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This question already has an answer here:

I am new to the bayesian statistics and I most frequently see the conjugate prior distribution. Can you explain it with clear example? I would be very thankful.

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marked as duplicate by Glen_b distributions Sep 29 '18 at 8:41

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A conjugate prior is a probability distribution that, when multiplied by the likelihood and divided by the normalizing constant, yields a posterior probability distribution that is in the same family of distributions as the prior.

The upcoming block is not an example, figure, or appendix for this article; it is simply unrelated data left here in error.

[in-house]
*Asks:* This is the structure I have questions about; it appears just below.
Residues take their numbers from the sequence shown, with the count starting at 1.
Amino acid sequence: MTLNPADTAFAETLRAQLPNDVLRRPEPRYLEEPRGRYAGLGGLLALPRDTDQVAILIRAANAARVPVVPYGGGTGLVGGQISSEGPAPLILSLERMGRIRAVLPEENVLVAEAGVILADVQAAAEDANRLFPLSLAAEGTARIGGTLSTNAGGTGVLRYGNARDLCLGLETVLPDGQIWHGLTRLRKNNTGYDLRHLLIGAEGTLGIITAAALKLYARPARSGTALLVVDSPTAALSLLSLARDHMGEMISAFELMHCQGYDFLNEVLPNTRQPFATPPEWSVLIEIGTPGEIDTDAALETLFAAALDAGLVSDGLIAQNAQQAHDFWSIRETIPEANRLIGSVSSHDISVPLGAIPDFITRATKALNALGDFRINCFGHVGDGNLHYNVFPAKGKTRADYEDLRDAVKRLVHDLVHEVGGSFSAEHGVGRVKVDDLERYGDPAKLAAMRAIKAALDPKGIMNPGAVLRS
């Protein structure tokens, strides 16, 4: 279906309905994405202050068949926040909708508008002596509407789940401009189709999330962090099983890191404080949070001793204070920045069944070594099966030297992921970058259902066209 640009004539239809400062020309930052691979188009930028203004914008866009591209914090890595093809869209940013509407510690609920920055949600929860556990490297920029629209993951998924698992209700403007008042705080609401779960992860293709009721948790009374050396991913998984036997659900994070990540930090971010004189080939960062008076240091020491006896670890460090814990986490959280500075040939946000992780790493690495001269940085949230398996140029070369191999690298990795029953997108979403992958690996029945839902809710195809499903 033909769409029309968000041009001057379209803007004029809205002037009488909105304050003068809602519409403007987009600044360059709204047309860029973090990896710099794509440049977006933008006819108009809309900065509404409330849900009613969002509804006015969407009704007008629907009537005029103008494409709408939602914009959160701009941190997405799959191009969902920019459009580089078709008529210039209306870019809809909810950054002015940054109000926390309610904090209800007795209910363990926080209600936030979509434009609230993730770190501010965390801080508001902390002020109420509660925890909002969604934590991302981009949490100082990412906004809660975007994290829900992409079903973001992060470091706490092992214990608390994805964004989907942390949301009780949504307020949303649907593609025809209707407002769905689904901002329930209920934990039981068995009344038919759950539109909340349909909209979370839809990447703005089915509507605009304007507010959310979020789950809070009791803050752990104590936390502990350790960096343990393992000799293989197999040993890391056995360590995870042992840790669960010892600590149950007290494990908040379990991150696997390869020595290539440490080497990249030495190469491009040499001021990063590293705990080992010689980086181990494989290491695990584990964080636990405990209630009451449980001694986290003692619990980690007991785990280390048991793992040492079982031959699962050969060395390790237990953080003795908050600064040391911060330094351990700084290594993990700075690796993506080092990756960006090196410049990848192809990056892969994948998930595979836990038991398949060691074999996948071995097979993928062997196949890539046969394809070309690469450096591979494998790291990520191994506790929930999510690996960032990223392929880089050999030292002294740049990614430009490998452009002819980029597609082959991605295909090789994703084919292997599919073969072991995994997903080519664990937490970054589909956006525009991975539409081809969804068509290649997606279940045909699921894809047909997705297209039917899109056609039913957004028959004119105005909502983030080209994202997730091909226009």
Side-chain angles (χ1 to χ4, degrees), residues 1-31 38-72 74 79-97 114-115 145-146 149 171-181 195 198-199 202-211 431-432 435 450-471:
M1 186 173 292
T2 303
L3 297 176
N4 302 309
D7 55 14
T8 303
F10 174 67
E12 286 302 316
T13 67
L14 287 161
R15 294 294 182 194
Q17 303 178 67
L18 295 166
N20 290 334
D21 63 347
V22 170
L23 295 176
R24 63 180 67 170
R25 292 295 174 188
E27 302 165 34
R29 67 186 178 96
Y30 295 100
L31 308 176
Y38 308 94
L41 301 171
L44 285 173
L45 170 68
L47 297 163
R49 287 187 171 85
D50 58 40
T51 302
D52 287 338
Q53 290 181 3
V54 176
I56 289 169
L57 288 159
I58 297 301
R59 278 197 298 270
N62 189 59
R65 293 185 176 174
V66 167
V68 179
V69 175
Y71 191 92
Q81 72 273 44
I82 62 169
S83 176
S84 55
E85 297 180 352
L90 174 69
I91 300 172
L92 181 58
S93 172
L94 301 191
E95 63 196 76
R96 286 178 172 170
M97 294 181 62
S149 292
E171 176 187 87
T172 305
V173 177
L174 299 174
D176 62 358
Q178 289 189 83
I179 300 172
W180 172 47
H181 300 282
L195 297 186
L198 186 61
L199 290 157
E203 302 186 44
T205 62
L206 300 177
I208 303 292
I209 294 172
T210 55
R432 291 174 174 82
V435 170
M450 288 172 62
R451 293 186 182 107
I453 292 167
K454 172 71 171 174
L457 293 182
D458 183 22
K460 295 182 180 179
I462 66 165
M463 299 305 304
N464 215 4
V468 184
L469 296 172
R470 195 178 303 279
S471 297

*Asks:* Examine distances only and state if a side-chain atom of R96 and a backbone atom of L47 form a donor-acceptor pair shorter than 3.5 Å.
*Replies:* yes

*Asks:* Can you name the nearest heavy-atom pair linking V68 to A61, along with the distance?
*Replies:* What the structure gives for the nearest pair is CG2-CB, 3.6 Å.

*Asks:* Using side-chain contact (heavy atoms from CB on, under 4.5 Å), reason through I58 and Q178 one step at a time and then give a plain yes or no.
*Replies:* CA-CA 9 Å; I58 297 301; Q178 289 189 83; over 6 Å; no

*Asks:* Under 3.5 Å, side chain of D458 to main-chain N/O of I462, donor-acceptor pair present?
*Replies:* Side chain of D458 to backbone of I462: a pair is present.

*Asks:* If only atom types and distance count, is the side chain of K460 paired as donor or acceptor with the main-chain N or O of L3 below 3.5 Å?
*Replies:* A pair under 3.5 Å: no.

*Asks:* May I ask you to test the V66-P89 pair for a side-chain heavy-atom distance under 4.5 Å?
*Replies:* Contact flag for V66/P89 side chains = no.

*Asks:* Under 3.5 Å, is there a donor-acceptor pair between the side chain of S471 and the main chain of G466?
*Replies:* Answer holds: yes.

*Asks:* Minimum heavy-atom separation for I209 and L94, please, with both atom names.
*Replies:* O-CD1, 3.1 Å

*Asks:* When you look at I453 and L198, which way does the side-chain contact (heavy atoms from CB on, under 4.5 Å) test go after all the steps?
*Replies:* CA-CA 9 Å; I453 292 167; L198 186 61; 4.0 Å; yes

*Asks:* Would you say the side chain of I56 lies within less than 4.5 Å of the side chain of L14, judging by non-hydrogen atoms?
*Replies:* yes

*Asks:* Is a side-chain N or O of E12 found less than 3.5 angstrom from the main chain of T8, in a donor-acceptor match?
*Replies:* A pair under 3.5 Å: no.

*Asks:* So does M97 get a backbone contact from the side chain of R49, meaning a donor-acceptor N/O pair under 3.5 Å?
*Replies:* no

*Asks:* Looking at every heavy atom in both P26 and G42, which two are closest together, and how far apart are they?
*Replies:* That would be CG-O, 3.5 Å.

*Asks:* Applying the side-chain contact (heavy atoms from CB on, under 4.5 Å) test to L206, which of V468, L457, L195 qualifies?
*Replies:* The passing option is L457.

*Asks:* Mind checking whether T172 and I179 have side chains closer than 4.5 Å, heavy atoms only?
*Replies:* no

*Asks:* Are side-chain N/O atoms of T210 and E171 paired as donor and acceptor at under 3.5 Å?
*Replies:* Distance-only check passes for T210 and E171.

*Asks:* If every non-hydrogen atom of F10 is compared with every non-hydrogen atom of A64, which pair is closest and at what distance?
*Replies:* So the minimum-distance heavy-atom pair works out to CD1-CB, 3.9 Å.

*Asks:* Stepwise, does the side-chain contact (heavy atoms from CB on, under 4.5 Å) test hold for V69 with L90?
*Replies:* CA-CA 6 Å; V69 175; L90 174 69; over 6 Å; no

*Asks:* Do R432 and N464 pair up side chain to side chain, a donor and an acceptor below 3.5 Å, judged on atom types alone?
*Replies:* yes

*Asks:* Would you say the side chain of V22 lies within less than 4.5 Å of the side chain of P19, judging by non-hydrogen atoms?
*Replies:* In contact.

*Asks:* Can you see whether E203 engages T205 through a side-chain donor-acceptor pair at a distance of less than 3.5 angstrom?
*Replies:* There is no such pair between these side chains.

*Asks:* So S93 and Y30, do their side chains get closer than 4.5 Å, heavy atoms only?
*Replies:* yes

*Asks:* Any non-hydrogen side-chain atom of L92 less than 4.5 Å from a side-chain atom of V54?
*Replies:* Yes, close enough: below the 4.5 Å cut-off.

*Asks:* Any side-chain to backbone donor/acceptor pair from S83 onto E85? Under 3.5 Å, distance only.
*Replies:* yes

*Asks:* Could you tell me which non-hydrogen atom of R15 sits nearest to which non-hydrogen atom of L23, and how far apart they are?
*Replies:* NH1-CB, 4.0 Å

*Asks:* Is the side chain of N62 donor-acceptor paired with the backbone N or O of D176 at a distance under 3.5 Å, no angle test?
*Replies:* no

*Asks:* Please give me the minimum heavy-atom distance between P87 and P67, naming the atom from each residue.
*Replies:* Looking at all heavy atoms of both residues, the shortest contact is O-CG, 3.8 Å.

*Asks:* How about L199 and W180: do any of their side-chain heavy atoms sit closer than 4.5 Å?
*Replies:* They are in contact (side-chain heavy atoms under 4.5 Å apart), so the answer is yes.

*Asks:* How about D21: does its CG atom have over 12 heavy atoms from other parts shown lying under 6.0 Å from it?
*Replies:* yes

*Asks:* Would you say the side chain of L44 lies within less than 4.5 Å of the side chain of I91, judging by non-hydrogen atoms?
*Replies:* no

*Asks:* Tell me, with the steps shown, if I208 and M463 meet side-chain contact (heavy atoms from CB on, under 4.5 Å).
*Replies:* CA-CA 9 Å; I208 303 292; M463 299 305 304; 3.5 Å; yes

In other words, in the formula:

$$p(\theta|x) = \frac{p(x|\theta)p(\theta)}{\int{p(x|\theta)p(\theta)d\theta}}$$

The prior $p(\theta)$ is conjugate to the posterior $p(\theta | x)$ if both are in the same family of distributions.

For example, the normal distribution is conjugate to itself, because if the likelihood and prior are normal, then so is the posterior.

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